Old 12-06-2005, 03:22 AM
andyfox andyfox is offline
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Default Re: Hot Air For Africa

Bill Gates is doing a world of good in Africa.

Poverty and famine usually turn out to be political problems rather than anything else. There is more than enough food in the world to feed all its people and more. One of hte worst fmaines in my lifetime was in Bangladesh in the 1960s and 1970s. During that time, Bangladesh was a net exporter of food.

But "do-gooders," like Gates, can help alleviate suffering by working around political constraints. Mr.Gates is not "pretending" to care for the poor or tyring to ingratiate himself with anybody. He's doing something about it and having a positive effect.
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  #7  
Old 12-06-2005, 10:47 AM
Cyrus Cyrus is offline
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Default Taki Theodoracopoulos

Taki is a genuine son of a bitch, in his personal life. They don't come as genuine as him anymore.

He has cheated repeatedly on friends and considers it an achievement to sleep with a friend's spouse. He is the original male chauvinist pig personified, a man with few scruples and sorry morals. Still, he will not cheat in tennis, "except if the game is for a woman", which has been many times.

But most of this is forgiven, or at least set aside, if temporarily, due to his way with words. He is born, bred and educated Greek but has mastered the use of English language. Taki's politics are a remnant from his many issues (a psychiatrist would have a field day!) with his father, an archetypal self-made Greek tycoon, who was a wild entrepreneur, an anti-communist fighter and a ferocious playboy (sometimes cheating on Taki's mother in front of Taki).

Taki's style is Waugh and Wodehouse -- olde English conservatism, seriously imperialistic, very educated, unashamedly snobbish and snobbishly anti-capitalist. Taki views Wall Street spivs with the same disdain he reserves for intruders in the Ascot race.

A few years ago, Mr Theodoracopoulos was arrested, tried and found guilty of bringing cocaine into the United Kingdom, where he subsequently spent some two years in jail for that offense. He had the stuff quite openly on him and he was cruising through Customs, following the "Hide-In-Plain-Sight" rule, when an official asked him what was that bulge in his pocket. Taki smiled and answered that it was a serious amount of cocaine, the official laughed with the joke, waved him through, Taki laughed too and turned away to walk out.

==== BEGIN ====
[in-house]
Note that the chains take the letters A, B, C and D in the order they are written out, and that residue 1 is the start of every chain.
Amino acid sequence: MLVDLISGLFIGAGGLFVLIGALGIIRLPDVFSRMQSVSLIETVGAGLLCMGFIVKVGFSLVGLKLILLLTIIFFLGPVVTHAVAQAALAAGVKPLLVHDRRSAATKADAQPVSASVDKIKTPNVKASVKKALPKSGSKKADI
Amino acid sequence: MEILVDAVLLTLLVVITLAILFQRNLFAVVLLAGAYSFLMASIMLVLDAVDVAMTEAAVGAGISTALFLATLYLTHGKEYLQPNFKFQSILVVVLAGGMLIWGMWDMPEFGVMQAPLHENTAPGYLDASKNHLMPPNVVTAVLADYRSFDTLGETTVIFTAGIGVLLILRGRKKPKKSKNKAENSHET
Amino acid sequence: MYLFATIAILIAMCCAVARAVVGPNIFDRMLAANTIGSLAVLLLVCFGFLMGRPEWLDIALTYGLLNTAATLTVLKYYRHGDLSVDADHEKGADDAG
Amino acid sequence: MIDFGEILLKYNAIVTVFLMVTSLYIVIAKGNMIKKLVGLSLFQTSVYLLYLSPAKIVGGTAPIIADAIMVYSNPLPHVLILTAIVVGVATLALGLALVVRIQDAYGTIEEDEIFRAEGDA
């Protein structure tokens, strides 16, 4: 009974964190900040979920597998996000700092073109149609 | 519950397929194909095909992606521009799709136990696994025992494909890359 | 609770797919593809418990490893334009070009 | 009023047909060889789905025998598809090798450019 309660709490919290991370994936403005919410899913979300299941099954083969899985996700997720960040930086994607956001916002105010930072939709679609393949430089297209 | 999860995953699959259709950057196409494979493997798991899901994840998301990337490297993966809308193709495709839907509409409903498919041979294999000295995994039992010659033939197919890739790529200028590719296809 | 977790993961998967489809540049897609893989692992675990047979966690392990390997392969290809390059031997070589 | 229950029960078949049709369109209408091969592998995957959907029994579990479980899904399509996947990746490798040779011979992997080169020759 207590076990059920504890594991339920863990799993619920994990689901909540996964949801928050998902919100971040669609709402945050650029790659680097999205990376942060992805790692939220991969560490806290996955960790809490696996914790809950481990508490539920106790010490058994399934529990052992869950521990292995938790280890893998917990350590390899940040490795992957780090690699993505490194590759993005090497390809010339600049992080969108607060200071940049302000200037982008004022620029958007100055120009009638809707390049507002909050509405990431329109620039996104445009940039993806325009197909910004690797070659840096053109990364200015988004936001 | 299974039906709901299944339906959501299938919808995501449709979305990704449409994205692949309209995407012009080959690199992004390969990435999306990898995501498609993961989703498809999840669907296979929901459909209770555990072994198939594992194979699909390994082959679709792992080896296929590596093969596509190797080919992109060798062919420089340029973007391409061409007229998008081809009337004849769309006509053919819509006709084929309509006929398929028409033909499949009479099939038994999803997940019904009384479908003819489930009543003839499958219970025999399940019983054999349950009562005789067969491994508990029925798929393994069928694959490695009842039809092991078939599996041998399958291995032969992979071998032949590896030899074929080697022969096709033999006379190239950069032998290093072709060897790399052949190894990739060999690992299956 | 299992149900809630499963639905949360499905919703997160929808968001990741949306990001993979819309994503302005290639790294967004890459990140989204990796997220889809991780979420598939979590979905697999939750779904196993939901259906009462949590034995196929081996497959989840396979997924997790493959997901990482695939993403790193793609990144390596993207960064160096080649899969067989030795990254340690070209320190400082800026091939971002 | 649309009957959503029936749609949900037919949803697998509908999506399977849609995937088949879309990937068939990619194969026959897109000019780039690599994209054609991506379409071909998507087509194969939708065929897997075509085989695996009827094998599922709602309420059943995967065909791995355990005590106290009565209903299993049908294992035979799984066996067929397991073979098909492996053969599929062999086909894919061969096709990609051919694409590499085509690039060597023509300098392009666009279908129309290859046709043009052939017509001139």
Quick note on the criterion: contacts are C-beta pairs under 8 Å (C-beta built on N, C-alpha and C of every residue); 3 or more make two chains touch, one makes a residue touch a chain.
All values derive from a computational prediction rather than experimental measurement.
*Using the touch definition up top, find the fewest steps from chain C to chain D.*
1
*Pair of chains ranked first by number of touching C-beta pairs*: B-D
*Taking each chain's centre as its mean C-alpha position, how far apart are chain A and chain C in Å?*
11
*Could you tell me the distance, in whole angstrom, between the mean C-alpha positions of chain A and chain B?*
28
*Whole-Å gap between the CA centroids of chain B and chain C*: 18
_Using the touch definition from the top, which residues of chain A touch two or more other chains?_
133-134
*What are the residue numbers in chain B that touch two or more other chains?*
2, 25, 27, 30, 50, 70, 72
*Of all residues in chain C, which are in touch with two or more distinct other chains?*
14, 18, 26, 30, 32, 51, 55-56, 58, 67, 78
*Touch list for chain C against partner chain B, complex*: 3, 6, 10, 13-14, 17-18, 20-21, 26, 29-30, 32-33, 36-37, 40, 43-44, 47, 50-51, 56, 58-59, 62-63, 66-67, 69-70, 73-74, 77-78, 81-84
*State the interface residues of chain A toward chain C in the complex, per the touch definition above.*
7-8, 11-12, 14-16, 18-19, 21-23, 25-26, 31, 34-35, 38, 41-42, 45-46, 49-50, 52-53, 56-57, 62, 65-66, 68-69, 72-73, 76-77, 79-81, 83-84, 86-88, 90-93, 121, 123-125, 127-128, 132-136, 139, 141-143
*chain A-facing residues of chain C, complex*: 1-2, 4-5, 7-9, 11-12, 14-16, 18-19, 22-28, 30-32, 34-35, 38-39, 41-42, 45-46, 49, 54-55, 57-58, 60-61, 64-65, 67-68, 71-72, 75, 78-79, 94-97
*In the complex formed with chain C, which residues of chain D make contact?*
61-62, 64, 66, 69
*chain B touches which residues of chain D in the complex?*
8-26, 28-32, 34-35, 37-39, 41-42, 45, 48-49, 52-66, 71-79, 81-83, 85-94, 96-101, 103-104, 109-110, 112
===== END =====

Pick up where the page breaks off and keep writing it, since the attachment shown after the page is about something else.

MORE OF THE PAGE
But Taki being Taki, he could not resist mumbling loud enough for the official to hear "If you only knew!". "HOLD IT!" the official yelled and that was all she wrote.

He is a man equally loved and hated, with solid reasons for both sentiments.

--Cyrus


Taki in Oxford debate about Blair being Bush's poodle
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Old 12-06-2005, 10:55 AM
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Default Re: Hot Air For Africa

[ QUOTE ]
Poverty and famine usually turn out to be political problems rather than anything else.

[/ QUOTE ]


Too many of the problems throughout the world are political. And the little guys are always left holding the dirty end of the stick.

One of the things I also admire about Gates is that he does good things with his money, but doesn't seem to think he needs to peddle his politics. True, his PR people may keep him quiet because MS gets enough bad raps as it is. But I tend to look at his philanthropy as acts of a guy less interested in "What's it gonna get me?" because he does it with less fanfare.
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Old 12-06-2005, 11:06 AM
vulturesrow vulturesrow is offline
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Default Re: Taki Theodoracopoulos

[ QUOTE ]
He is born, bred and educated Greek ...

[/ QUOTE ]

ACcording to his bio all his schooling was in the United States.
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Old 12-06-2005, 11:48 AM
MMMMMM MMMMMM is offline
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Default Re: Taki Theodoracopoulos

From the website: "Taki was educated in New Jersey, at the Lawrenceville School; and at the University of Virginia; and in England at Pentonville Prison, just outside London. See his memoir, Nothing to Declare (ISBN 0-87113-484-5), for details."

The cocaine incident, leading to three months in Pentonville, took place in 1984.

http://www.takistopdrawer.us/abouttaki.html

And many thanks for the link to another enjoyable article, Cyrus! I would have missed that one if not for you, so I now must consider myself (choke, gag) indebted to you, if even in a small way.